character, a "defect," that leads good Hamlet to his destruction. It is 
the kind of defect, unlike ambition, that even the best of men do not 
realize they have, which is why it is tragic when it impacts. Observed 
within the texture of the play, we can find the play a tragic parable 
warning us against such defects in ourselves.

David Basch

[7]-----------------------------------------------------------------
From:       Eric Johnson-DeBaufre <
 This e-mail address is being protected from spambots. You need JavaScript enabled to view it
 >
Date:       Friday, 31 Jul 2009 15:00:58 -0400
Subject: 20.0416 What is Hamlet's flaw?
Comment:    Re: SHK 20.0416 What is Hamlet's flaw?

David Basch's recent ad hominem reply accuses me of being unable to 
"make a thing of the events in Shakespeare's play." In fact, my previous 
point about the indeterminate meaning of Claudius' rising on "the talk 
of the pois'ning" is very much concerned with those events. For an 
important issue at work in the play concerns how precisely to interpret 
actions. Claudius' rising at 3.2 remains inconclusive (despite Hamlet's 
assurance that it confirms what the Ghost has said) precisely because 
Hamlet has himself introduced the possibility of another (and 
fundamentally incompatible) interpretation of it by marking the poisoner 
as "nephew to the King." However much Hamlet might believe that Claudius 
rises because of his guilt (rather than his fear of assassination by 
Hamlet), the text of the play renders the motive for rising ambiguous. 
[I should add that Claudius does not rise earlier when he sees a much 
clearer depiction of his crime represented in the dumb show: there the 
king is poisoned and the murderer woos the widowed queen -- productions 
often have Claudius distracted at this point by conversation, but 
nothing in the text suggests that he does not watch the dumb show].

And it is important that Claudius' rising remain ambiguous, for as I 
said earlier one concern of the play involves the difficulty (and yet 
the necessity) of interpreting actions. The scene that follows concerns 
precisely that issue: Hamlet catches Claudius in the act of prayer and 
again misconstrues Claudius' action, taking it for genuine repentance 
and, as a result, deferring his revenge for a moment when he can catch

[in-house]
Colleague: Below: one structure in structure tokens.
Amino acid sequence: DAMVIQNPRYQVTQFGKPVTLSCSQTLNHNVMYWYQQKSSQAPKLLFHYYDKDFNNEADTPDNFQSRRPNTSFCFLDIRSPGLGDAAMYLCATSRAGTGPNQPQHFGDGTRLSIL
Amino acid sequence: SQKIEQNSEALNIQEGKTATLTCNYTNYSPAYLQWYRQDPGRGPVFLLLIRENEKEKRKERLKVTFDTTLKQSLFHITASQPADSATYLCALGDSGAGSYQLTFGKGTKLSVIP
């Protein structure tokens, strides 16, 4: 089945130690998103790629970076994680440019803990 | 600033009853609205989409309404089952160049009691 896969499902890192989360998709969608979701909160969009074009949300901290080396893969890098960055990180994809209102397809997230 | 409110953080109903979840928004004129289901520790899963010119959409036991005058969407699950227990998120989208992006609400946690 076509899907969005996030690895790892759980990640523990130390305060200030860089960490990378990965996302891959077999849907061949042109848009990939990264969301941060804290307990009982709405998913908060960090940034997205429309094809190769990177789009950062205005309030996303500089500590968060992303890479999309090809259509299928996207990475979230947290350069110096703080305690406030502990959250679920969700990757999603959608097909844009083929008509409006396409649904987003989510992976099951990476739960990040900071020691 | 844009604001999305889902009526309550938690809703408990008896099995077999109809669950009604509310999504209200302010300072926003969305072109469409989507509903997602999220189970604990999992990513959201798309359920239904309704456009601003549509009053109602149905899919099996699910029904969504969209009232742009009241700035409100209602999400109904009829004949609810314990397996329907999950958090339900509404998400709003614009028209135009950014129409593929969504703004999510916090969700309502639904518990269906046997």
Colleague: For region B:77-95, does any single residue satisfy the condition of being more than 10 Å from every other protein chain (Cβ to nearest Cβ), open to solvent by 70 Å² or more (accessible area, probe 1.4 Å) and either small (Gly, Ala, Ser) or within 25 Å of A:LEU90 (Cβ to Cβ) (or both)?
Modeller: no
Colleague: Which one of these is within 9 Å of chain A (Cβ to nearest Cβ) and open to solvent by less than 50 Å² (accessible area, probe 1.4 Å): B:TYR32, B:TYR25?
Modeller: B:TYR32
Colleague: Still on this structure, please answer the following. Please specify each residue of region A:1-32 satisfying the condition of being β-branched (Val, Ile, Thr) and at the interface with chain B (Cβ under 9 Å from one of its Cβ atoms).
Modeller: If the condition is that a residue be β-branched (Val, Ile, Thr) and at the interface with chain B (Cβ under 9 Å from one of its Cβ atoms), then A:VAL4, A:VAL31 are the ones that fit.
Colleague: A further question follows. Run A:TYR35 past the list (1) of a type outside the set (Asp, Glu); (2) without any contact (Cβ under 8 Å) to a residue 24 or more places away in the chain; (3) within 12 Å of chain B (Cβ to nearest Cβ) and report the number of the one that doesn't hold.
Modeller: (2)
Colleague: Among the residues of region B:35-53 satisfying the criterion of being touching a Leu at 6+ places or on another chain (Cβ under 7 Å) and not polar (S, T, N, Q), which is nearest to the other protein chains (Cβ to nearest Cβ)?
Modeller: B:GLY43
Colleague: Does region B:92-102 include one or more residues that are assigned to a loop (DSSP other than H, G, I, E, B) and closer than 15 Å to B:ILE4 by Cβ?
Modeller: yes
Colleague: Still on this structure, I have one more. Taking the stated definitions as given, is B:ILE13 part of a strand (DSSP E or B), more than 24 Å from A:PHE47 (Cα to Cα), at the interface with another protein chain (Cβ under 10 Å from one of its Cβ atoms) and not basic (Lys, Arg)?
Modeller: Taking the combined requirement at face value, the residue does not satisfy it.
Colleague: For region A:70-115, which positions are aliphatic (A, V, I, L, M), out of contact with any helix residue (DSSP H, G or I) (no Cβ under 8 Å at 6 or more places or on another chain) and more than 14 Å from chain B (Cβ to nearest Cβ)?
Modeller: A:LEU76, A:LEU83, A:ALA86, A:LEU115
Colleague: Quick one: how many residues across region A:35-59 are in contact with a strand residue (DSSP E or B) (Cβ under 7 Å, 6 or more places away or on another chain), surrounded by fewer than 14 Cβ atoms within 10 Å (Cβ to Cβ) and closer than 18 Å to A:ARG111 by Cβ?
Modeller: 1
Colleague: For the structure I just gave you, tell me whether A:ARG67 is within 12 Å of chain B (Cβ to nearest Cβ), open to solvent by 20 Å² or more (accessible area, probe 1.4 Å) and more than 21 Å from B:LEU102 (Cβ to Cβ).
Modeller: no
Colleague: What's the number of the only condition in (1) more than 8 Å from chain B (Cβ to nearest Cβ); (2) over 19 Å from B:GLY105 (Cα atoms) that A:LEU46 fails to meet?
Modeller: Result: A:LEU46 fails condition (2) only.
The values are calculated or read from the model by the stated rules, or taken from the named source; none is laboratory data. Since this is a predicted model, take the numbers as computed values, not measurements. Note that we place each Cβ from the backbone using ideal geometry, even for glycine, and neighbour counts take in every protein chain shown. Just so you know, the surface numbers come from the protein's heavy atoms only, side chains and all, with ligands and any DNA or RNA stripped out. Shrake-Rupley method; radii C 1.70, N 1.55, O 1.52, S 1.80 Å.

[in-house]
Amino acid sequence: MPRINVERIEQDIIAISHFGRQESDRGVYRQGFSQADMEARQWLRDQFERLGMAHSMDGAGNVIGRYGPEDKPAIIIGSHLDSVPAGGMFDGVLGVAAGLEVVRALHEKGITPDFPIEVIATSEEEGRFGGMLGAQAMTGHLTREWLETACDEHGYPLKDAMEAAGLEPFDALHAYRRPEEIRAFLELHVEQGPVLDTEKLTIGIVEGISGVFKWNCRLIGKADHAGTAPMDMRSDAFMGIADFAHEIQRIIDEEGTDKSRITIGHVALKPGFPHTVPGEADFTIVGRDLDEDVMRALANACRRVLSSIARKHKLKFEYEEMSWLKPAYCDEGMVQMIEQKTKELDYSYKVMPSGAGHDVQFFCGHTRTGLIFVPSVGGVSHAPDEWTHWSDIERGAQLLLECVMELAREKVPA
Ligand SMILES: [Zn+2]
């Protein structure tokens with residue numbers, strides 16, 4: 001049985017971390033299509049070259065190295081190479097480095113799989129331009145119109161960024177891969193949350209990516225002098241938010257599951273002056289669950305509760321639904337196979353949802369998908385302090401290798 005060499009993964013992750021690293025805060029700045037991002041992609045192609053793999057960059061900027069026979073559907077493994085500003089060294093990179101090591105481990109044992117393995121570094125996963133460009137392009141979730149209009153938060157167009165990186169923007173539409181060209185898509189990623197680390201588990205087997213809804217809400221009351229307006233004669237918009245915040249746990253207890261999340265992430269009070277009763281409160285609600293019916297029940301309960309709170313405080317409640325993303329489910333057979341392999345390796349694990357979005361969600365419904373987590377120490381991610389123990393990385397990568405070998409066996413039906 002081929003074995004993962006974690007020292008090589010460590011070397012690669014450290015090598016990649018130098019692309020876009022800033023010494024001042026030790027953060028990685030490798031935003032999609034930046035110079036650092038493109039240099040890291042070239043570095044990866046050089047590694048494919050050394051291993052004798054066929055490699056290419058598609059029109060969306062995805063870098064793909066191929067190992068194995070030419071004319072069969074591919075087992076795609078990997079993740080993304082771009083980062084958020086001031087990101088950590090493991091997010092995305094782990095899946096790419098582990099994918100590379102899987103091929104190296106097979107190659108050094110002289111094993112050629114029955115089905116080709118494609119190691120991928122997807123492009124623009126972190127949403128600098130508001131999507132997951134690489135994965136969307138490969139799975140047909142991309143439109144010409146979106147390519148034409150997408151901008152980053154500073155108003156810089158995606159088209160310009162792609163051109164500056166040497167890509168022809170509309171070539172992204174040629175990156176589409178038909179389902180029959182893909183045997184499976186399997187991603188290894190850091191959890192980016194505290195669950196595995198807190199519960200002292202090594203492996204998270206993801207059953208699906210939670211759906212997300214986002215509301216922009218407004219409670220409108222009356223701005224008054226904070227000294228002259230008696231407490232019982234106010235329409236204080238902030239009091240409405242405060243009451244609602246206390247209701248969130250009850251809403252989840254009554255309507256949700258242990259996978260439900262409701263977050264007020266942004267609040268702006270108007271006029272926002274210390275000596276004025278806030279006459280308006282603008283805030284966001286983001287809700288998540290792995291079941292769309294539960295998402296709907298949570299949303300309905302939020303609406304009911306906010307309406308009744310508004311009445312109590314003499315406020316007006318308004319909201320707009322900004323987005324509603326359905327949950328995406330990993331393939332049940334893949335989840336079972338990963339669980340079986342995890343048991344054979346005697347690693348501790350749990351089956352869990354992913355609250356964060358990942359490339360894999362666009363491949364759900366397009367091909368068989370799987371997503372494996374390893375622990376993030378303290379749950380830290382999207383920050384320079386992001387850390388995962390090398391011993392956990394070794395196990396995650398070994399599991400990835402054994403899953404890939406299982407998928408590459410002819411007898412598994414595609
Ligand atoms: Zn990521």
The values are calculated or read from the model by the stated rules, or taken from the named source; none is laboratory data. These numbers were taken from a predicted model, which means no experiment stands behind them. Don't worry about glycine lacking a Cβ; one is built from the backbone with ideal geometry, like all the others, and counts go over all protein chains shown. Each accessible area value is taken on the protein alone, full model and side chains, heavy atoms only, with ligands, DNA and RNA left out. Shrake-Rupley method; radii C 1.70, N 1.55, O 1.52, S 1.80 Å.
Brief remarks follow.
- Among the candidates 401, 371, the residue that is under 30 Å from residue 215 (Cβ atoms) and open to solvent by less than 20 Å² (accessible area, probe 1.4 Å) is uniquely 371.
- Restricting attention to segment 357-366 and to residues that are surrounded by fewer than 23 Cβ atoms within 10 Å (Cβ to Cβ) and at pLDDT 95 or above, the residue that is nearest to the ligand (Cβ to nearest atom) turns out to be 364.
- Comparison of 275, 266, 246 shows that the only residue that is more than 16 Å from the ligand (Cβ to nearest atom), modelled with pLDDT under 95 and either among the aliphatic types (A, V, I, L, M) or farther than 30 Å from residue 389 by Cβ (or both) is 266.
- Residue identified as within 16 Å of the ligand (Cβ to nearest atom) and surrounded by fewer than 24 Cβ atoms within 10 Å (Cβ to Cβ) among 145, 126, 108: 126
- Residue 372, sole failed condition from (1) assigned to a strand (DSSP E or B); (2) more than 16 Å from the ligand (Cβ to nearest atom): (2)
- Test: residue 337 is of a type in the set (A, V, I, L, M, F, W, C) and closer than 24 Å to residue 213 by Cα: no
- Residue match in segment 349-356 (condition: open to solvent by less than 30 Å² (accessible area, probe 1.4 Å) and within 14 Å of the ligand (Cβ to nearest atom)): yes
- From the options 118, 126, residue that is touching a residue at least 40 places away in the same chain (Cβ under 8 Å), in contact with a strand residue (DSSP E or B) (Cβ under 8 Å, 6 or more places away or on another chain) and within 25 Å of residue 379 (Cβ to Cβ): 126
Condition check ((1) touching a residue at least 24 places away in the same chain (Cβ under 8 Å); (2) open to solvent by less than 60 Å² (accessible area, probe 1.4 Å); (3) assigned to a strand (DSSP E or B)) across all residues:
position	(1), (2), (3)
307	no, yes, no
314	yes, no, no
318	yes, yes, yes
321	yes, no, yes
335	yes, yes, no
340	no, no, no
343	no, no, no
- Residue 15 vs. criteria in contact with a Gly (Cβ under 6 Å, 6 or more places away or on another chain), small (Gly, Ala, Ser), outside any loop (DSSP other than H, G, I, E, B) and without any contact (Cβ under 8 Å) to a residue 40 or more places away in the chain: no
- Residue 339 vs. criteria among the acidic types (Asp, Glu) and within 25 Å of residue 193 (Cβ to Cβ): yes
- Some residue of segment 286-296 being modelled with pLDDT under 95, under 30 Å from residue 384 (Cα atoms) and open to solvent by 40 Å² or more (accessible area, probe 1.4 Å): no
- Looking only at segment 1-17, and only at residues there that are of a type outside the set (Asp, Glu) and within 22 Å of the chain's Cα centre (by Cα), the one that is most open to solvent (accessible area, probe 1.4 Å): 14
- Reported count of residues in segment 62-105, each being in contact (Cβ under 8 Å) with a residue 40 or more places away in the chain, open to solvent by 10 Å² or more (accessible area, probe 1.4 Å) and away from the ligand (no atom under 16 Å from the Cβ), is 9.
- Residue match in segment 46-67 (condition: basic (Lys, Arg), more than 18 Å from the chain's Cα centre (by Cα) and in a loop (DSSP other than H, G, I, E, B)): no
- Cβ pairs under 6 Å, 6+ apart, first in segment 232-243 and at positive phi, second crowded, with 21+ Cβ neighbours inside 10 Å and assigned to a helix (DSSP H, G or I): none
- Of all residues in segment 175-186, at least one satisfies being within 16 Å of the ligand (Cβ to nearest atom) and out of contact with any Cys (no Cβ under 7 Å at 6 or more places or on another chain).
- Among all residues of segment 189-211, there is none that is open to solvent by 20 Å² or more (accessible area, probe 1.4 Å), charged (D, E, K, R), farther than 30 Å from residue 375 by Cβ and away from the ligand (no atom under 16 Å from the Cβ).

the king "With all his crimes broad blown." Here again the issue of 
misprision arises. Much later in the play Ophelia's death (called 
"doubtful" by the priest who oversees her funeral) occasions another 
meditation on the issue of the indeterminate meaning of actions. This 
time we get it in a quasi-comic legal and philosophical debate between 
the First and Second Clowns. Has Ophelia drowned herself wittingly or 
not? How are we to interpret the act of her death? Did she go to the 
water or did the water come to her? Comic as this debate is in 5.1, 
Gertrude's description of Ophelia's death in 4.7 allows for the 
possibility of either interpretation (although I'm inclined to give 
greater credit to the more ludicrous of the two possibilities outlined 
by the First Clown: namely that the water came to her and drowned her).

All that is a long way of saying that I hope I am quite capable of 
making something of the events of Shakespeare's play.

Cheers,
Eric Johnson-DeBaufre

[8]-----------------------------------------------------------------
From:       David Bishop <
 This e-mail address is being protected from spambots. You need JavaScript enabled to view it
 >
Date:       Friday, 31 Jul 2009 20:13:42 -0400
Subject: 20.0416 What is Hamlet's flaw?
Comment:    Re: SHK 20.0416 What is Hamlet's flaw?

Eric Johnson-DeBaufre revives an old argument, whose popularity is a 
little hard to explain. Is there any case where a ghost comes onstage 
and says something to a character which is a lie, which the character 
then acts on, only to discover it's not true -- and, also, where the 
ghost does not reveal directly to the audience that what they said was a 
lie? I think the convention is to believe the ghost, who in Hamlet is, I 
would say, powerfully believable. In fact, extremely hard to disbelieve.

Hamlet does not exactly say he disbelieves. He just wants, he says, to 
verify. He sets up the play to verify, and it does, quite 
straightforwardly, telling both Hamlet and Horatio (who's been told the 
story offstage) that Claudius really did murder his brother, as 
depicted. The audience -- the theater audience -- does not need this 
proof, not only because we believed the ghost, and have some trouble 
believing in Hamlet's doubts, but because Shakespeare takes pains to